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Miami workers fight for better labor conditions in the heat

By Kat Grimmett - Prism, August 1, 2023

Dozens of workers from the ¡Que Calor! campaign gather after the commissioners meeting to rally behind the proposed heat standard.(Photo by Kat Grimmett)

A sea of royal blue shirts filled the floor before the Miami-Dade County Commission on July 18. They belonged to dozens of outdoor workers with WeCount!’s ¡Que Calor! campaign demanding “agua, sombra, y descanso”—water, shade, and rest. 

Miami commissioners held in their agenda legislation proposing what would be the nation’s first county-wide heat standard for outdoor workers. 

“The demand of ¡Que Calor! is a step in the right direction for bringing dignity and respect for outdoor workers,” said Pedro Marcos Raymundo, one of the leaders of ¡Que Calor!. “But it’s not only about outdoor workers; it’s a step in the right direction for any and all workers.”

Raymundo is one of more than 200 workers organizing with WeCount!, a coalition of immigrant workers and families advocating for better labor conditions in South Florida. ¡Que Calor! unites workers across the outdoor industries to create solutions to the problems they are facing in the workplace. The heat standard laid out in 14A1 is one such solution.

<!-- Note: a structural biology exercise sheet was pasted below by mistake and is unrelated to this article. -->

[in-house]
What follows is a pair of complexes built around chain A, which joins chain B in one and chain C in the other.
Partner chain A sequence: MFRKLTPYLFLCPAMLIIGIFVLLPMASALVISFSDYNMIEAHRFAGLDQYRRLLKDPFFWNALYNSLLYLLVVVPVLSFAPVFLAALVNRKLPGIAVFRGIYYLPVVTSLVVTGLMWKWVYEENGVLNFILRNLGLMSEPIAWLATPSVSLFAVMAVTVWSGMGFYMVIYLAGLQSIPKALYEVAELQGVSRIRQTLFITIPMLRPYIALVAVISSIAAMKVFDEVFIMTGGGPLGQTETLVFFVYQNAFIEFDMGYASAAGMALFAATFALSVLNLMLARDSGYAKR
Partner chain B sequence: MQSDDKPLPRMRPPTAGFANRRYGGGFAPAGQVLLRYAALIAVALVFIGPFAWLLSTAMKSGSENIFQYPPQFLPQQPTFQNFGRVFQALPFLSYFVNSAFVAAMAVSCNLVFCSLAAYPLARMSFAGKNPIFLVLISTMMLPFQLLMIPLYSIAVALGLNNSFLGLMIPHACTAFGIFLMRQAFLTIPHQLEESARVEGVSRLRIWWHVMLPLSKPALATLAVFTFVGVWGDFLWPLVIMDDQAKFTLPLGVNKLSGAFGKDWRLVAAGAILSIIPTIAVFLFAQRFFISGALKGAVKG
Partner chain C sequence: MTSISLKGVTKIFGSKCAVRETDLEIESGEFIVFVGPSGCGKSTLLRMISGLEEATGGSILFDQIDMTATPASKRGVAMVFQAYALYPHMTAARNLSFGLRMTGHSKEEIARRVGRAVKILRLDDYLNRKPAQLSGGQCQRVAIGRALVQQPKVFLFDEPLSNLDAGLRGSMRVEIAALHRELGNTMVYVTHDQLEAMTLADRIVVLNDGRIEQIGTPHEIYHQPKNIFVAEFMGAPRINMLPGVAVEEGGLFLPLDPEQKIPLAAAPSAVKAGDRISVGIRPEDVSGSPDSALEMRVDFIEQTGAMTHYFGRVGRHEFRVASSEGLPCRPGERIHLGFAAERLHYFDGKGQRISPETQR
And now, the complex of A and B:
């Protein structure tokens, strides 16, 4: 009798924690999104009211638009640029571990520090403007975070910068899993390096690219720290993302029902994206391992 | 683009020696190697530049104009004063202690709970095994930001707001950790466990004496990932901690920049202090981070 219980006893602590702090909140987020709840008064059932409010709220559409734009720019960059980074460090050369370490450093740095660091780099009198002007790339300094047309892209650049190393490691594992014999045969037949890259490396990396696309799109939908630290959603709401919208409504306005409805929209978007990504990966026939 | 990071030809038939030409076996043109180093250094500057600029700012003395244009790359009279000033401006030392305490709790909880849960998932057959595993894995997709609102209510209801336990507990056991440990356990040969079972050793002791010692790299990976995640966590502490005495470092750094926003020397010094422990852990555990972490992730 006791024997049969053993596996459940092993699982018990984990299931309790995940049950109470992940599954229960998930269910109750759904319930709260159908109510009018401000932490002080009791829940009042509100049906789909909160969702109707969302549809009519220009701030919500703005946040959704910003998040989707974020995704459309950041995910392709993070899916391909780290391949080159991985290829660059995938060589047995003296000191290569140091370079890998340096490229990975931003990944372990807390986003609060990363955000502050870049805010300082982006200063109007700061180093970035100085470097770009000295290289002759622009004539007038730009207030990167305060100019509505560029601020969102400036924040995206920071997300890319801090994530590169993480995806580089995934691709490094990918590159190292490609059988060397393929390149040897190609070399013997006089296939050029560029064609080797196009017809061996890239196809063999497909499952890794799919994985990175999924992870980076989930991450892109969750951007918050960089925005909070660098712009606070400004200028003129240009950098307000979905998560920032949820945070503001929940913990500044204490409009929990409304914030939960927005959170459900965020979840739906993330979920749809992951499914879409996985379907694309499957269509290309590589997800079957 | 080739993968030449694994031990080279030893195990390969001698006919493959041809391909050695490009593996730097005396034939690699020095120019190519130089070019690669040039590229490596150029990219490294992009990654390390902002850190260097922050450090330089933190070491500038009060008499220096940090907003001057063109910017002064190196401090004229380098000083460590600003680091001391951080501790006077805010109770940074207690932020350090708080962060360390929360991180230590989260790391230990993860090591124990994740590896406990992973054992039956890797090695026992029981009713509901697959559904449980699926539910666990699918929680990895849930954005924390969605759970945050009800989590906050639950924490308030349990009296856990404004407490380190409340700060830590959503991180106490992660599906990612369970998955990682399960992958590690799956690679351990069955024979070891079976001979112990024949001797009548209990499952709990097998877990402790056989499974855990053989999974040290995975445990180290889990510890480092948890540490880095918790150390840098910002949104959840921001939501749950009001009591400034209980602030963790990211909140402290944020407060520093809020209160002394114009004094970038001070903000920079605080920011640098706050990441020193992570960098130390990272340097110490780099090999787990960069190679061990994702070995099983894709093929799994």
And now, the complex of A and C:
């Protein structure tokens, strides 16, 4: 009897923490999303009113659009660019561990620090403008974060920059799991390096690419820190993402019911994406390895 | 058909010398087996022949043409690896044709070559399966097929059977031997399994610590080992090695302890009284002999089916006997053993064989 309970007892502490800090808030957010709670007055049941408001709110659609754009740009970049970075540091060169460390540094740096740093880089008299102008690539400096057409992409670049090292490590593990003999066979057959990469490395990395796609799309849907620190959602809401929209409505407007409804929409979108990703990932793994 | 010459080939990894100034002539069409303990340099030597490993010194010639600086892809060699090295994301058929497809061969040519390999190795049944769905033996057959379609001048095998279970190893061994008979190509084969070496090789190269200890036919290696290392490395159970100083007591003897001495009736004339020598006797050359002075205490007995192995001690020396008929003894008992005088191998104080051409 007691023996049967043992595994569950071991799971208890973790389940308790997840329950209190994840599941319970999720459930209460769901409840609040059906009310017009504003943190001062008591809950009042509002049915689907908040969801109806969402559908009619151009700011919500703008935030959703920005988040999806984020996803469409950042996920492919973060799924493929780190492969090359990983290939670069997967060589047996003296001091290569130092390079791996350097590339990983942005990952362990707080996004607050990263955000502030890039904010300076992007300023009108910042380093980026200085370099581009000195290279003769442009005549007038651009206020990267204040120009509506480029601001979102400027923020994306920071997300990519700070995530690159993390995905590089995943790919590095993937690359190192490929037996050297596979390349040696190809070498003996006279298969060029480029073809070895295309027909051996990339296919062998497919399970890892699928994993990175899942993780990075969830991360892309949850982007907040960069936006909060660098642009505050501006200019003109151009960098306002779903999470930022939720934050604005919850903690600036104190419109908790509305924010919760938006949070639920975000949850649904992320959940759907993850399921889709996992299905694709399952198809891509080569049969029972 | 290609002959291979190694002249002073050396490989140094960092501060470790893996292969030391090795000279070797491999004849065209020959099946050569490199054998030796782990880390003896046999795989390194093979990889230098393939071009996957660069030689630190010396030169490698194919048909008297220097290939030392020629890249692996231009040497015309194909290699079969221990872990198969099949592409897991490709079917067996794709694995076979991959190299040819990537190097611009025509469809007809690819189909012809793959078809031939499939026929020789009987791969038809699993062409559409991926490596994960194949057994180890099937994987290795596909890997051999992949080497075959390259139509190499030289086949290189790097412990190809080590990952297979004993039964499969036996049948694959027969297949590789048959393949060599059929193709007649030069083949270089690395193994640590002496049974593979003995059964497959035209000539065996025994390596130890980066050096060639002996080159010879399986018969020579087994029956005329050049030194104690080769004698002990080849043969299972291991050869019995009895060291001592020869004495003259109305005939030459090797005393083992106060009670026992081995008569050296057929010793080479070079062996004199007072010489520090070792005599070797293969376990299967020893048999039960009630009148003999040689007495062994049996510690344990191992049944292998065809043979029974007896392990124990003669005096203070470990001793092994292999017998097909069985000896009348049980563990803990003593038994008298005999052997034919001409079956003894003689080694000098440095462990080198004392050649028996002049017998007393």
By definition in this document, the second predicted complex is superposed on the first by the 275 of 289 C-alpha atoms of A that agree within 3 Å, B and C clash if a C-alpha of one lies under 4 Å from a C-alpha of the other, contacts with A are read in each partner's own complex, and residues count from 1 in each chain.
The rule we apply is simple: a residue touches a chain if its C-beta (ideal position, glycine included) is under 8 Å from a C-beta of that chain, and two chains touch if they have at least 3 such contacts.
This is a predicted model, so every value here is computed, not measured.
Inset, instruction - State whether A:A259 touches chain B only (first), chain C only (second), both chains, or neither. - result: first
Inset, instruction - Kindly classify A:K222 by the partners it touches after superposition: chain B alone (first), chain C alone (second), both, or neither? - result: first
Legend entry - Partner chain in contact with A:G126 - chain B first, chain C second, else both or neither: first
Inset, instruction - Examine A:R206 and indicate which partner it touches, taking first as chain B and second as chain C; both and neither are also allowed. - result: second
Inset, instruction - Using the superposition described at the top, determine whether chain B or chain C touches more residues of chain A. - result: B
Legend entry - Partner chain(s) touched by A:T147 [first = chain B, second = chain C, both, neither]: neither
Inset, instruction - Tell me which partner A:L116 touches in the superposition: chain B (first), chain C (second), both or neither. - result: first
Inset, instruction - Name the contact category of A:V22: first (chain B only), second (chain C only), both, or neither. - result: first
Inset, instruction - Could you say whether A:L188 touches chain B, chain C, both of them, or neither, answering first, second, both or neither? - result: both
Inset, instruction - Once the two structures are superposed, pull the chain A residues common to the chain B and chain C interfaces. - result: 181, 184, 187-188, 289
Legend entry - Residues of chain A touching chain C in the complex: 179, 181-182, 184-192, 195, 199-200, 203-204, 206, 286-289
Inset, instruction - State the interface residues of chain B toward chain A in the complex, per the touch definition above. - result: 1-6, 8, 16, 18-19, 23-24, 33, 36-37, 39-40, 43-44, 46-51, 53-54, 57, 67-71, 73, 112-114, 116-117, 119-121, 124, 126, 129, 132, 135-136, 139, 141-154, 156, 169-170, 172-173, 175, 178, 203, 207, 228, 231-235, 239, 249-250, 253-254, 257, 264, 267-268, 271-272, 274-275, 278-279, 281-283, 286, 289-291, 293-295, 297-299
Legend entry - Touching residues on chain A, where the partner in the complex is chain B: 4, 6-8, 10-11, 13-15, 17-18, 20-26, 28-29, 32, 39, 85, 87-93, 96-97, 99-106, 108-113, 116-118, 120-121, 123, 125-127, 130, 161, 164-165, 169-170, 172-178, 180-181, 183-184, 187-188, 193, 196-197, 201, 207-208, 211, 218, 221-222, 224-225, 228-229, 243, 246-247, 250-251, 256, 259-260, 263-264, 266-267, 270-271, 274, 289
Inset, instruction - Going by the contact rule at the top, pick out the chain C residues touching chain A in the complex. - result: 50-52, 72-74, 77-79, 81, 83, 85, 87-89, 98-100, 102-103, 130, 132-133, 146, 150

The board voted unanimously to pass the first reading of 14A1, which would set a historic precedent for workers nationwide if implemented. The decision would provide much relief to a community of more than 100,000 outdoor workers laboring in industries like landscaping and roofing in Miami’s record-breaking heat. 

A week later, President Joe Biden announced new measures to address extreme temperatures as record-breaking and deadly heat waves sweep the country. A hazard alert was issued for the very industries represented by ¡Que Calor!. 

But the fight is not over. The Miami legislation will now go to the Community Health Committee for a public hearing review on Sept. 11. Meanwhile, ¡Que Calor! workers and sponsors urge the Miami community to show up in support. 

The heat standard contains life-saving measures for outdoor workers. The urgency cannot be matched by bureaucracy, and sadly, two workers in Miami died of heat-related illness earlier this year. 

Texan Activists Thirst for a National Heat Standard to Protect Outdoor Workers

By Colleen DeGuzman - KFF Health News, July 28, 2023

WASHINGTON — Construction workers, airport baggage handlers, letter carriers, and other outdoor workers — many of whom traveled to Washington, D.C., from Texas — gathered at the steps of the Capitol on Tuesday. They were joined by labor organizers and lawmakers for what was billed as “a vigil and thirst strike” to protest a law Texas Gov. Greg Abbott recently signed, which, as a downstream consequence, eliminates mandated water breaks for construction workers.

The Republican governor signed House Bill 2127 — known as the Texas Regulatory Consistency Act but dubbed the “Death Star” by critics — the same month the state saw at least 13 heat-related deaths amid a scorching heat wave that’s on track to break records.